Bridging generation, technology gaps, confronting climate change

By Madeline Kovacs

Once again we are at that pivotal moment in our nation’s history when people under 30 years of age have the opportunity to fashion our nation’s next steps. Thomas Friedman’s “Generation Q” will rise to confront climate change; we must.But that is not all that college students will do. To borrow the vocabulary of Eban Goodstein, college students today will rewire the world with clean energy technology, create tens of millions of jobs in manufacturing and green industry, and establish a new political economy based on the principles of ecology.

This may sound like a daunting task, but students are already doing it now. While they are still in school learning the skills to contribute to society as it stands, youth are literally building a movement that is changing the political and economic conversation.

Students are the backbone of think tanks that are making policy recommendations to influence the core agenda of the next president, and they are turning out in record numbers to cast their ballots. As they refill reusable mugs and bike to class, they are also building power conference by conference, email by email, and blog by blog.

But the time frame for turning youthful momentum into a full pendulum swing on climate action is surprisingly narrow: youth climate leaders project that we have 22 months, from Super Tuesday until a year after the presidential inauguration, to convince those already in power to take youth seriously.

In order to accomplish such broad policy shifts rapidly, youth must turn to those experts we have left in the proverbial dust: our parents.

All of us remember conversations with our parents: “No, mom, that’s email. You can get a letter online!” But the internet represents something more than our parents’ slow uptake on technological tools: the majority of legislators in office presently are over 50 years of age, and many of them have expressed a desire to become more internet-savvy in order to know what youth are thinking.

Thus, youth’s great ability with the Internet also impedes our ability to convince our parent’s generation that we are serious. The technology gap has resulted in a severe cultural age gap with few effective channels of communication between youth and state capitols and city halls. Like legislators, our parents want to know what youth are thinking, but, lacking the web-habit that fuels our informational intake, they feel that we are all but silent.

And so the Internet possesses the uncanny ability to hide the very mass movement it is helping to create, even hiding Macalester students’ own activities from their peers. Lack of visibility disguises a number of pivotal events that have occurred over the last year and a half.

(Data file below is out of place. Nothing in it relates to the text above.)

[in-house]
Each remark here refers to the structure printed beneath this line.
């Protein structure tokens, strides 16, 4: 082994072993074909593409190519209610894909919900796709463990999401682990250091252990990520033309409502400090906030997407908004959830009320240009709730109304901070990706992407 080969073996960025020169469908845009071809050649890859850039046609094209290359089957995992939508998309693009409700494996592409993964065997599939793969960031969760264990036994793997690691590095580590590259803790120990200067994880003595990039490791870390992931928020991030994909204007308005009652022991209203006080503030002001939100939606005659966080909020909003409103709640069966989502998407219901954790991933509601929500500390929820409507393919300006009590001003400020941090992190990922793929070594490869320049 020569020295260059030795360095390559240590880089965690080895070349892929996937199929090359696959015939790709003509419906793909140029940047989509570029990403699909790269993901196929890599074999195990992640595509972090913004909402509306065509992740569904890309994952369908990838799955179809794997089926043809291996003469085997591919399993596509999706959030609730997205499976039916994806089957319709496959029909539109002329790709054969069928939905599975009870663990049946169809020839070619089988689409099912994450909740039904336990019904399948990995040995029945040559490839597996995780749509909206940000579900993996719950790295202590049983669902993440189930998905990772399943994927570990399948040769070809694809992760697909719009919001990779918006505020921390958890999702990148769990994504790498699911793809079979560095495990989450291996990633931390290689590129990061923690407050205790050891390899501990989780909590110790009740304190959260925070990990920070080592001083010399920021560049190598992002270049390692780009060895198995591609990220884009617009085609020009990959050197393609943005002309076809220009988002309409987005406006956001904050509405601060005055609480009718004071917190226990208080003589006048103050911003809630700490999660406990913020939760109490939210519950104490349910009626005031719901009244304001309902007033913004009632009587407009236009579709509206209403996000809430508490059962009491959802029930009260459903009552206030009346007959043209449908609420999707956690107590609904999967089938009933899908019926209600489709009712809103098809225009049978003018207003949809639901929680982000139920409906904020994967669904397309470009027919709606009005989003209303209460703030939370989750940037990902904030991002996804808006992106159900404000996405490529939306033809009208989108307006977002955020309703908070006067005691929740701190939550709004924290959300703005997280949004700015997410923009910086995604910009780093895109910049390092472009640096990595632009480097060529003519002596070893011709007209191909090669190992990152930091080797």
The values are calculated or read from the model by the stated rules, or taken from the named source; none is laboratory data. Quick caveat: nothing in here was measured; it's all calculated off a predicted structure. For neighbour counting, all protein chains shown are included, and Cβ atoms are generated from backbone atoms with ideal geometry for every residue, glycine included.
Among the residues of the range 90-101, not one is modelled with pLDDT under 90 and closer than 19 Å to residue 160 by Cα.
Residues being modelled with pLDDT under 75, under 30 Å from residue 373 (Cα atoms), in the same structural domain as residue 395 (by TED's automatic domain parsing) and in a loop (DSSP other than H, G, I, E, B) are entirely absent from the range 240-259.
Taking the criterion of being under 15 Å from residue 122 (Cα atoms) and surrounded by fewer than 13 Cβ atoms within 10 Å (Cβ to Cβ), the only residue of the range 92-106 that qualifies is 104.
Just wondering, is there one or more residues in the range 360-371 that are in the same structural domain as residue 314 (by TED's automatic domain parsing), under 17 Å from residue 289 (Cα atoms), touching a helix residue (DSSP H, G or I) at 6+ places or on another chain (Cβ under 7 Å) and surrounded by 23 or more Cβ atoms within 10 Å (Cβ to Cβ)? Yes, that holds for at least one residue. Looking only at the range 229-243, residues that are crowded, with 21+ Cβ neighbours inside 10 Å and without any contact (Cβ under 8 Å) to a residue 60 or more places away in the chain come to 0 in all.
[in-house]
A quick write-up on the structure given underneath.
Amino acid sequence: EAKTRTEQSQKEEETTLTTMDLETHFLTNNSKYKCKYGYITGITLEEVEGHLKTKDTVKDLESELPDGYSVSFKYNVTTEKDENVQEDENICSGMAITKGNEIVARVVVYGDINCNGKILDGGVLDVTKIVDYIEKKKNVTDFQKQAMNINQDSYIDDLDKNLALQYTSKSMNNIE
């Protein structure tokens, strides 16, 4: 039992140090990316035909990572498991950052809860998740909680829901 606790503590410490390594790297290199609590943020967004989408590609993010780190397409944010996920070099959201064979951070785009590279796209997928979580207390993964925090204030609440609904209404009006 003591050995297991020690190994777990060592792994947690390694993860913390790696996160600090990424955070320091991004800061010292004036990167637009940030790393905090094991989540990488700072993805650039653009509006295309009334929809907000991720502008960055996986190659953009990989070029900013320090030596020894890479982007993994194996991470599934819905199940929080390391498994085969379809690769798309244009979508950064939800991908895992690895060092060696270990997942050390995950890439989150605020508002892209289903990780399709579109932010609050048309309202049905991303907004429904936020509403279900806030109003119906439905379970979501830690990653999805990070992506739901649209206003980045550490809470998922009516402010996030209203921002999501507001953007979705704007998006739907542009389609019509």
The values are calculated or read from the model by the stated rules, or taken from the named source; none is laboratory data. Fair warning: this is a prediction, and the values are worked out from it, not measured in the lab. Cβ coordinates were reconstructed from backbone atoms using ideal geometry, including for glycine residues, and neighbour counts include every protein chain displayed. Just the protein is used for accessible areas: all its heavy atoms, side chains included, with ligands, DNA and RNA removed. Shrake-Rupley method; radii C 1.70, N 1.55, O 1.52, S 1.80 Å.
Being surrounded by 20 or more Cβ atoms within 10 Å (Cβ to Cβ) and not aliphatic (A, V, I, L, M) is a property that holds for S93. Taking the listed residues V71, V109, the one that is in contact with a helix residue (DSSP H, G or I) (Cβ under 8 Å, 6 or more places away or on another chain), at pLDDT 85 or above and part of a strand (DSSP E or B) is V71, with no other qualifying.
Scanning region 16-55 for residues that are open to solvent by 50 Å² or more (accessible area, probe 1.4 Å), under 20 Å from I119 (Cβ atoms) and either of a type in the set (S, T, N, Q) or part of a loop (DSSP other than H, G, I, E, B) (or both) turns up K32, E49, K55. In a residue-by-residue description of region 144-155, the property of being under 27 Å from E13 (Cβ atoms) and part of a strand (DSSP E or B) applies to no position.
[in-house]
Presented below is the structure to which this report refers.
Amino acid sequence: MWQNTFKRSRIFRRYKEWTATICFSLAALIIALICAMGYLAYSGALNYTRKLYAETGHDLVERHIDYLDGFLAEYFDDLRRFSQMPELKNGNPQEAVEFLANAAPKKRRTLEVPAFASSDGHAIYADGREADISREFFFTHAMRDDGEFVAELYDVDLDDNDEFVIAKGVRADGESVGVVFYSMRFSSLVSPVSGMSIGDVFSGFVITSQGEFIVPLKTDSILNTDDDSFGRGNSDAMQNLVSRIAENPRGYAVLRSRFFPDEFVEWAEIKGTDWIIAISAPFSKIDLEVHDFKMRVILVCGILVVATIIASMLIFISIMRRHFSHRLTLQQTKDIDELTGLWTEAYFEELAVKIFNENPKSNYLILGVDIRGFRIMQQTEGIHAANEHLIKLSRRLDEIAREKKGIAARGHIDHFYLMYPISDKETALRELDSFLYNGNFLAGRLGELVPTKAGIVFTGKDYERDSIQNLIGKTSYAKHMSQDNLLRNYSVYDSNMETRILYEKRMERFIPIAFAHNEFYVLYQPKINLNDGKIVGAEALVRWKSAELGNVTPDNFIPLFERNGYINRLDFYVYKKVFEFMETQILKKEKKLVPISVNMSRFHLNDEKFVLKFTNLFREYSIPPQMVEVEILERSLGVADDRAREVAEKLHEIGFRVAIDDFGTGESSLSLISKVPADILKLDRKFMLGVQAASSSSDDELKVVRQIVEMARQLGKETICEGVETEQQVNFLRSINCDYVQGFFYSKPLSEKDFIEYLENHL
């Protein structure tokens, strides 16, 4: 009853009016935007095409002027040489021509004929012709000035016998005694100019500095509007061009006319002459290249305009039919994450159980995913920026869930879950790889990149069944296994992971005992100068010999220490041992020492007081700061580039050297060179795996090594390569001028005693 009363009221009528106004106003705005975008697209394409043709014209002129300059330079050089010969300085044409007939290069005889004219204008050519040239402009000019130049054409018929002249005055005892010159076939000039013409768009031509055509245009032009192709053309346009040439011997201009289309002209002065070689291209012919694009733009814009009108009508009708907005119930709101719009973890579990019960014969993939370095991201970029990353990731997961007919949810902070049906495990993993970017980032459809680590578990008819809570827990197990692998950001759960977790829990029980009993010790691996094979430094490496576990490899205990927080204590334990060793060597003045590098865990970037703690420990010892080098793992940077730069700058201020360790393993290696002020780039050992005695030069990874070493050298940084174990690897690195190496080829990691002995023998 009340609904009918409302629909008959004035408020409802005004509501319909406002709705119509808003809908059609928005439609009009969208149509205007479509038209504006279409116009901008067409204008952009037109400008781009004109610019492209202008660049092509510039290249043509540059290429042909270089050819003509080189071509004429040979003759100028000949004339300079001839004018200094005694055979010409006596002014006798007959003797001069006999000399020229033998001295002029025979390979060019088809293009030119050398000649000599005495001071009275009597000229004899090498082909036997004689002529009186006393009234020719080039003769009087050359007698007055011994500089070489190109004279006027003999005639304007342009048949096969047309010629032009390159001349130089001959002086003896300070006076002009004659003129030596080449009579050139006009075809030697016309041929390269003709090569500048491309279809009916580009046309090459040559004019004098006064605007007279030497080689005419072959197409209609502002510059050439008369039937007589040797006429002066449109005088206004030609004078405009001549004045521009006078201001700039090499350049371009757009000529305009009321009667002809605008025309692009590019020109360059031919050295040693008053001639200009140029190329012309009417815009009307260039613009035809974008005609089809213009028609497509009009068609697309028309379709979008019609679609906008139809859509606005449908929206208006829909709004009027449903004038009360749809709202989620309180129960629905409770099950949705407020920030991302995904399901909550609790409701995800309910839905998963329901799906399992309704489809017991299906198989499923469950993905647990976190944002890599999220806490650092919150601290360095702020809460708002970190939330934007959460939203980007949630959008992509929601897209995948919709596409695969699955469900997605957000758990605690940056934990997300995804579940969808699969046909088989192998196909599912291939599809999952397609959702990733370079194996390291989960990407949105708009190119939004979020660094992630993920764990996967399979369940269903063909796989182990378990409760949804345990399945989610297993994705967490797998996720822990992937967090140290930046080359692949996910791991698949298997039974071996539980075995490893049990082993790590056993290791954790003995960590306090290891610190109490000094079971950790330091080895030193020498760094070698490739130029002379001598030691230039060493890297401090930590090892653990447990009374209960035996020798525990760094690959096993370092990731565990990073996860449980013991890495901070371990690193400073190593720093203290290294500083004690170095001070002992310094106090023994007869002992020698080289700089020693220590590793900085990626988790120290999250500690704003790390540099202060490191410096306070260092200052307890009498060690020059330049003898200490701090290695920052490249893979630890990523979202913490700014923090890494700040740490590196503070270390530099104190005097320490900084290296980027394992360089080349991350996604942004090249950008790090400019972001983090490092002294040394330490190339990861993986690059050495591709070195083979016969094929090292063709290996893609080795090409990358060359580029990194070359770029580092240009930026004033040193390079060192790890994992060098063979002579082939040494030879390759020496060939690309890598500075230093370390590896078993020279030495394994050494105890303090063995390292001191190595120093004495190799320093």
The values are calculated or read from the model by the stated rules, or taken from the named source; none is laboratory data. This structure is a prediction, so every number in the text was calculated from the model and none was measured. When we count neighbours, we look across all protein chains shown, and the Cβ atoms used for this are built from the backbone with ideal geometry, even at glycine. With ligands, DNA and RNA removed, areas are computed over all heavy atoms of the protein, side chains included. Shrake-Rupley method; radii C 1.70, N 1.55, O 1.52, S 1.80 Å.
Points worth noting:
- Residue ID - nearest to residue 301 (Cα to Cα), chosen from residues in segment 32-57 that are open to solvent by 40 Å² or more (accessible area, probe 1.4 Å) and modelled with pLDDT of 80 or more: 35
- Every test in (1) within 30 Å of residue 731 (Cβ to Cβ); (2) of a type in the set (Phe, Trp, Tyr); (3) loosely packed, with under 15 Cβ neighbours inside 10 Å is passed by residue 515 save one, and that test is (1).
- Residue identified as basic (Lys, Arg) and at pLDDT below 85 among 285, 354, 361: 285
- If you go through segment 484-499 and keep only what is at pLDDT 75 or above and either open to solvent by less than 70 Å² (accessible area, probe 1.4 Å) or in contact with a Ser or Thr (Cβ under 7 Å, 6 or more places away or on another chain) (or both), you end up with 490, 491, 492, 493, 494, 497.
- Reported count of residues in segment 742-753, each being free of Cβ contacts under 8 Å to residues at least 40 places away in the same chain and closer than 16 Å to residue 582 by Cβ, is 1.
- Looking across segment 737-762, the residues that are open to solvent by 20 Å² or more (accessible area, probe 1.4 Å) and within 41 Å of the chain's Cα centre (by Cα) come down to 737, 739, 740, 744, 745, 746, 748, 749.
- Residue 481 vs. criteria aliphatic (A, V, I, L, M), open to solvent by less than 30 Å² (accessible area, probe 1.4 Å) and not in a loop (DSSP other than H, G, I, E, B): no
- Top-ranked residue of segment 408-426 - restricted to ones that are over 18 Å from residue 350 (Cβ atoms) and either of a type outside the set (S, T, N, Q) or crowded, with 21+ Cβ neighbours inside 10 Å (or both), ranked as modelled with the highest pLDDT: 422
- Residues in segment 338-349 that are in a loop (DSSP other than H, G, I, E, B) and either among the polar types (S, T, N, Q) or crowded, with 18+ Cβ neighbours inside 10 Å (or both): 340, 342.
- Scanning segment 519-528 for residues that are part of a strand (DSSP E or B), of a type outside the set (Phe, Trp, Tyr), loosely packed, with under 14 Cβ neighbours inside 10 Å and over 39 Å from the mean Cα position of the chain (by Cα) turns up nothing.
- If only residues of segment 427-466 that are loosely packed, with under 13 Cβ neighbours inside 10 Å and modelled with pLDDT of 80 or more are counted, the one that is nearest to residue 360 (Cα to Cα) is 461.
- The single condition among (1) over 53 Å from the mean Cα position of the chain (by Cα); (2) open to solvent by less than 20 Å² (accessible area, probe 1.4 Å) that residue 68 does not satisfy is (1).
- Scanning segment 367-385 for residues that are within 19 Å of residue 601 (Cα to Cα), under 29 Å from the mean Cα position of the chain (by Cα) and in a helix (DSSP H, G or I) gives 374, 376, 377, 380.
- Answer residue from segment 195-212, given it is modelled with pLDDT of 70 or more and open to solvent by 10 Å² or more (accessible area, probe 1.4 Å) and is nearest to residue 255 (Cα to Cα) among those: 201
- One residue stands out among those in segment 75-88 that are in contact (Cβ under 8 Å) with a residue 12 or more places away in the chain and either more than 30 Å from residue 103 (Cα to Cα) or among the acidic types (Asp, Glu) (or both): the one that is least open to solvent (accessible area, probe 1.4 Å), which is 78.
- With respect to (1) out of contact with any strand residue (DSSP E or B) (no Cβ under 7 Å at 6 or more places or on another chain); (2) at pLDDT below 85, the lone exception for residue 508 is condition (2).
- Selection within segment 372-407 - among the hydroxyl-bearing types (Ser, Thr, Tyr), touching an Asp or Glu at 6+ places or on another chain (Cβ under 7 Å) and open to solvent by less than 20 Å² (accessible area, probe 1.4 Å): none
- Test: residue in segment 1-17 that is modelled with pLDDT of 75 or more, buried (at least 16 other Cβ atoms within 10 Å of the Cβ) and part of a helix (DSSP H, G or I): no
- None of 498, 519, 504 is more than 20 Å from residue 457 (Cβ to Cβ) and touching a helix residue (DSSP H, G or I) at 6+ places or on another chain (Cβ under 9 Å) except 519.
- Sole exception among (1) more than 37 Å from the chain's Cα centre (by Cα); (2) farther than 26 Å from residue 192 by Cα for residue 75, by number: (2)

On November 2-5, 2007, over 6,000 students representing every state traveled to the United States capitol for Powershift, a conference, teach-in and lobby for government investment in clean, renewable sources of energy. Macalester students joined five other schools at Will Steger’s cabin in Ely, Minnesota to form Team Minnesota and write the manual for the National Campus Energy Challenge (http://ncec08.org). Students have also been making a difference at the St. Paul City Council with their work on the Ford redevelopment site.

Forty years after Vietnam, there again exists enormous youthful energy surrounding the prospect of a brighter future, a potential that must be harnessed and directed. For all our enthusiasm about the earth’s temperature (and we’re talking about a two degree Farenheight difference here), most students also care about truly human issues: jobs in manufacturing, the wage gap, social equity, and the lives of the people in the Southern Hemisphere who will be hit hardest by climate change.

At least one piece of the puzzle becomes the question of how we can convince our parents’ generation that we are serious about climate change, technological investment, green jobs, and a safer future.

How do we show them that this thing happening on the Internet is real? Because the fact is that we need them. College students, the builders of the movement, do not have the time to get a graduate degree and work themselves into a position of real influence before we lose the opportunity to rewire and restructure America and cap warming at manageable levels of human adaptation.

We need our parents like we never have before.

Contact Madeline Kovacs ’08 at [email protected]